Think of it this way, if you negotiate a minimum spend from $30,000 to $20,000, you might think you would be able to save $10,000. However, that would mean nothing if you have 200 guests paying $150 a head. In this scenario, you are still required to pay $30,000

(ii) Minimum Rooms

To host overseas weddings, many hotels recognize guests will have to book hotel stays too. At this stage, you must negotiate room prices and make sure you get a price that is below what you would normally get on hotel comparison websites.

This is important as many of your guests will always go for the cheapest booking option they can find. It does not matter if your deal throws in several insignificant freebies such as free Wi-Fi, or a cocktail at the bar, they will still book through the comparison website if it’s $15 cheaper per night.

Many couples, including us, underestimate this. Couples may hold a master list of rooms they are “guaranteed” to fill. If their guests fill these rooms by booking through comparison websites, your master lists remain pretty empty, even though you have helped the hotel with getting bookings.

At the end of the day, you may still be liable for payment if you do not meet what you have “guaranteed”.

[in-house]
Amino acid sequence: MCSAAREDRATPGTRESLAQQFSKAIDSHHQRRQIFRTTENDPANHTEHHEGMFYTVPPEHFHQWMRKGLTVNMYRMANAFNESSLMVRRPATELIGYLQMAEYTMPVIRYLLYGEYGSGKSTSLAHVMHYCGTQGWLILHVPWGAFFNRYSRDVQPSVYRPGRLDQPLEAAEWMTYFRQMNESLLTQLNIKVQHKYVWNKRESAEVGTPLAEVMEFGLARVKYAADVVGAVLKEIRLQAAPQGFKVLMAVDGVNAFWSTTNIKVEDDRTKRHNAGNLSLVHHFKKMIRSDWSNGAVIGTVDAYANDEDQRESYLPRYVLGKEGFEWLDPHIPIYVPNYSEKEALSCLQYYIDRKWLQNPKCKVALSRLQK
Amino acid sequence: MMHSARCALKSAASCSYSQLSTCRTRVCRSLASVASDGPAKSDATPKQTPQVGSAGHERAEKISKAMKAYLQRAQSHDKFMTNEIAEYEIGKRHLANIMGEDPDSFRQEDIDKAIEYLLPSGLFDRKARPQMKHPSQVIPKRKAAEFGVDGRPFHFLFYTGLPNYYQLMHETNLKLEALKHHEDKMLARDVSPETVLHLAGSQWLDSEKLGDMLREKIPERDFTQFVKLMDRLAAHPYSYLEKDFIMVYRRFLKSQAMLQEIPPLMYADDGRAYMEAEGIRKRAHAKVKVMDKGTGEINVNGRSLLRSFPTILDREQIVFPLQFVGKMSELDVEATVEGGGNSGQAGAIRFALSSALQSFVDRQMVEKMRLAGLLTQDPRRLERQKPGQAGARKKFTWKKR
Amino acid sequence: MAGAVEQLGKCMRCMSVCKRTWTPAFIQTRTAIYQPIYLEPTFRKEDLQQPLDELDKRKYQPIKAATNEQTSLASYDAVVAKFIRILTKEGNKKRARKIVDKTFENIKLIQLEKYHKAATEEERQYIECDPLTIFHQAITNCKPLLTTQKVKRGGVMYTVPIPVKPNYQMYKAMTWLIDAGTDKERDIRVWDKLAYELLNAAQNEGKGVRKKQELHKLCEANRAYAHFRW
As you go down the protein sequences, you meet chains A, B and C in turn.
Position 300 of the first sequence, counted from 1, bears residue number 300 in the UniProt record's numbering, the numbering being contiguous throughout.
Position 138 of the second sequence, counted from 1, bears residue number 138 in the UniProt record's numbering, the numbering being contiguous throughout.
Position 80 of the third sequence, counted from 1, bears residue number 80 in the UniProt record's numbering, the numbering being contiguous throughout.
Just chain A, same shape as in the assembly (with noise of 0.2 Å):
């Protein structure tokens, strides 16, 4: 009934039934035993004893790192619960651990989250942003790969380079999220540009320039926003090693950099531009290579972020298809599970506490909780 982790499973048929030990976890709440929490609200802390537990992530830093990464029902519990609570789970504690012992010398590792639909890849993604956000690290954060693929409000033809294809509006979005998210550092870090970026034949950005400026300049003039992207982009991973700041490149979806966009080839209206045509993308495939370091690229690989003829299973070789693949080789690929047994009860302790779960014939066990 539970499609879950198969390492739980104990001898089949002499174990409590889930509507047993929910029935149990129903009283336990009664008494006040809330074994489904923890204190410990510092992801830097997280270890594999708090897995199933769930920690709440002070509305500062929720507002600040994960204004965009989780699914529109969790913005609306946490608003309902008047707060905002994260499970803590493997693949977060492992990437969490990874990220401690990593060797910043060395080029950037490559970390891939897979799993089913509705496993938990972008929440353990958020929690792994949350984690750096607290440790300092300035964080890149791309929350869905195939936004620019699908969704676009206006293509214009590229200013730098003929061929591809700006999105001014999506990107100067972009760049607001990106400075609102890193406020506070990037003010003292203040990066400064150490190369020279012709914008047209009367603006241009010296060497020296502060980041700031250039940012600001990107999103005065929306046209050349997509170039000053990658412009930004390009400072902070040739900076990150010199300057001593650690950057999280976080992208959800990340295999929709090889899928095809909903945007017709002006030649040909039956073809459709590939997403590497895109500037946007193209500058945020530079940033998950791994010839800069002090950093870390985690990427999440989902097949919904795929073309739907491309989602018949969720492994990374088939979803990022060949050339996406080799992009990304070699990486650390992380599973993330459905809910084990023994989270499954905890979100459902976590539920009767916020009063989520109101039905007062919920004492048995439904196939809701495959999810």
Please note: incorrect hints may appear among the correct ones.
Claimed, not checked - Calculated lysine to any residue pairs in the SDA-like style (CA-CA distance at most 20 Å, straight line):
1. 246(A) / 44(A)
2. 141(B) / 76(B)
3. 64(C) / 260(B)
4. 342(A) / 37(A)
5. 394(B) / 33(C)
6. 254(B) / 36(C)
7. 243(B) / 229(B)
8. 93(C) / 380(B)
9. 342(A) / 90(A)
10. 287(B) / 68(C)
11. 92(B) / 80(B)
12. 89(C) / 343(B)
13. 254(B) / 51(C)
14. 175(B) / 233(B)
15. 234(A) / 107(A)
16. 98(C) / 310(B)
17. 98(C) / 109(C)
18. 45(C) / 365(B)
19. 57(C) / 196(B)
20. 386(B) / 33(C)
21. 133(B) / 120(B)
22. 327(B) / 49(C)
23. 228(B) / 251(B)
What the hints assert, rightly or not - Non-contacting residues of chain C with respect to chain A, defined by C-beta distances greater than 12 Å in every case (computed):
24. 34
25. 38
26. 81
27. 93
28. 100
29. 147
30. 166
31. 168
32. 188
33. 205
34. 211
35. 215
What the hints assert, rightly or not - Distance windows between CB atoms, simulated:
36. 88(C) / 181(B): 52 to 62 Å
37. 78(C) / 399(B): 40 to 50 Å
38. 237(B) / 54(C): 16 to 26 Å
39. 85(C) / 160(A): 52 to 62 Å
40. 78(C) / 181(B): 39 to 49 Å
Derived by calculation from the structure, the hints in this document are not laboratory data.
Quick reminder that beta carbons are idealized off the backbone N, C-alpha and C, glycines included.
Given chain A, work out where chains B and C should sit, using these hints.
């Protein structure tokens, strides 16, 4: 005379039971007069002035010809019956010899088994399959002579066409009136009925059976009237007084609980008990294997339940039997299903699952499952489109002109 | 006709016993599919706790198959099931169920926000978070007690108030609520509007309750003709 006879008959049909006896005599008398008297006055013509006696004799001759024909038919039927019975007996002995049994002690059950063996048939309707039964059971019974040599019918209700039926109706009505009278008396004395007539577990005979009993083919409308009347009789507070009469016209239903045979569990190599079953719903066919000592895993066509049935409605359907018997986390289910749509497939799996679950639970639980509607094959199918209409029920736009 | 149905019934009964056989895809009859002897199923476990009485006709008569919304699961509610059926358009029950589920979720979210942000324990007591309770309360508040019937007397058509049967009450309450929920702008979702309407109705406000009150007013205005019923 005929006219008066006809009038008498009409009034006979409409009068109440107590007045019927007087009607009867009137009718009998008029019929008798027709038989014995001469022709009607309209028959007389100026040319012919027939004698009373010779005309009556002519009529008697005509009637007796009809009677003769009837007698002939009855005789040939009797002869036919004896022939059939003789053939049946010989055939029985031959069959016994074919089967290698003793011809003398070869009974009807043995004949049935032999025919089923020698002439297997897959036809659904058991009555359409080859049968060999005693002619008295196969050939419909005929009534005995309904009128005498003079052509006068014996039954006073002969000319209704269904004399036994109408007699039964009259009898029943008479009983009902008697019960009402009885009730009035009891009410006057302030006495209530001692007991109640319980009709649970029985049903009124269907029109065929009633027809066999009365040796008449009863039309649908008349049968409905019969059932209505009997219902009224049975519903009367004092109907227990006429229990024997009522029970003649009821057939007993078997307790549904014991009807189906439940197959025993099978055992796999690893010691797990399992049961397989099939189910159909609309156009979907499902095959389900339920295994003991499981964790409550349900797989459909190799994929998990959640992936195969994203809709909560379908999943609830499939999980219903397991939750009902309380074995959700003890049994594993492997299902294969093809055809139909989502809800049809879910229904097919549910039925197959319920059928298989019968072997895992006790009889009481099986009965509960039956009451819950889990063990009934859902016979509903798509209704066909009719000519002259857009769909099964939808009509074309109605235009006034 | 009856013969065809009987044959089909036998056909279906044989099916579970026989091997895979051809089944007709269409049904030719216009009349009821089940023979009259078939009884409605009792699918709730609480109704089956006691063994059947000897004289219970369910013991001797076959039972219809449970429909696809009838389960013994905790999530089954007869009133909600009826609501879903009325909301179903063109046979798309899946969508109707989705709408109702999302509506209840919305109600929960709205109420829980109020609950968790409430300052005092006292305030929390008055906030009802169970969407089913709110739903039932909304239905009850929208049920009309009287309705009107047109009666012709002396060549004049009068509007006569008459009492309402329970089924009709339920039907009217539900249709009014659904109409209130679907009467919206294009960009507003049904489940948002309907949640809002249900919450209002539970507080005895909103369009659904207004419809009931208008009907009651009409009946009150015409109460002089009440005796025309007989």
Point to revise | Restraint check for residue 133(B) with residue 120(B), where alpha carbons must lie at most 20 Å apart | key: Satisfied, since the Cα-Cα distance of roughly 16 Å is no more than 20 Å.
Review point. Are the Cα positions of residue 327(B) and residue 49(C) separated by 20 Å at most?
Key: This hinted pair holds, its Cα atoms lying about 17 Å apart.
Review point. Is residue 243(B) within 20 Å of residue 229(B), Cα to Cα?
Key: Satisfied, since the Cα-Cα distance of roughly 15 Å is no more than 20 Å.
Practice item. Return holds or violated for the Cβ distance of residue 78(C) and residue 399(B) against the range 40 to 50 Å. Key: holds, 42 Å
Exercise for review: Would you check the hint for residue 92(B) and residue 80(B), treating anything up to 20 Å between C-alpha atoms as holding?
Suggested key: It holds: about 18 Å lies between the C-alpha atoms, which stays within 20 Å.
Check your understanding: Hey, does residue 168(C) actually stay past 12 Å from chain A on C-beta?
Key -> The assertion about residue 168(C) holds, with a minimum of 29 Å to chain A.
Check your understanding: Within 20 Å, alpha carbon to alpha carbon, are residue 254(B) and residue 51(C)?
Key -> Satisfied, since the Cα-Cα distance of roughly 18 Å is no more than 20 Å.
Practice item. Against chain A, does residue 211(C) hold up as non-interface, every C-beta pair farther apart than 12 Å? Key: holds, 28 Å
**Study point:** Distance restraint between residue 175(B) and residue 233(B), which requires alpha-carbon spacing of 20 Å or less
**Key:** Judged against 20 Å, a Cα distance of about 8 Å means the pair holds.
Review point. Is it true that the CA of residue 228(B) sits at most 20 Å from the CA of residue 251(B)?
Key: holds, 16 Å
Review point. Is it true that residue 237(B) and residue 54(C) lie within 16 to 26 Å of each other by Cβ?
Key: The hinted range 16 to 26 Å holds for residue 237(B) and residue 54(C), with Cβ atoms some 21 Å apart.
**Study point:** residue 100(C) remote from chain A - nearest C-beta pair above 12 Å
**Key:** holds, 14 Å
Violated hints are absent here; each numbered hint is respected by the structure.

If you’re asking why you should even take this “master list” in the first place, I can give you two good reasons.

Firstly, if you leave it to the guests, there is a good chance that a quite a few of them would be making last minute reservations rather than booking rooms early. Add to the fact that hotels continue to take bookings from other guests, on top of your wedding guests, there is a good chance the hotel gets booked out, especially during peak seasons. Secondly, by taking this “master list”, you can also negotiate to receive a free room for every 20 to 30 rooms you guarantee.

(iii) Food & Beverage (F&B)

So you think you’ve negotiated the price of food and beverage well, and that, at least, is settled. Wrong.

During the ceremonies and functions you hold, there will always be more people than you’ve estimated for. And the hotel will charge you for these extra people.

The reason is that you would have invited vendors present to eat and drink as well. This can easily bring up the cost by 5% to 10% per function.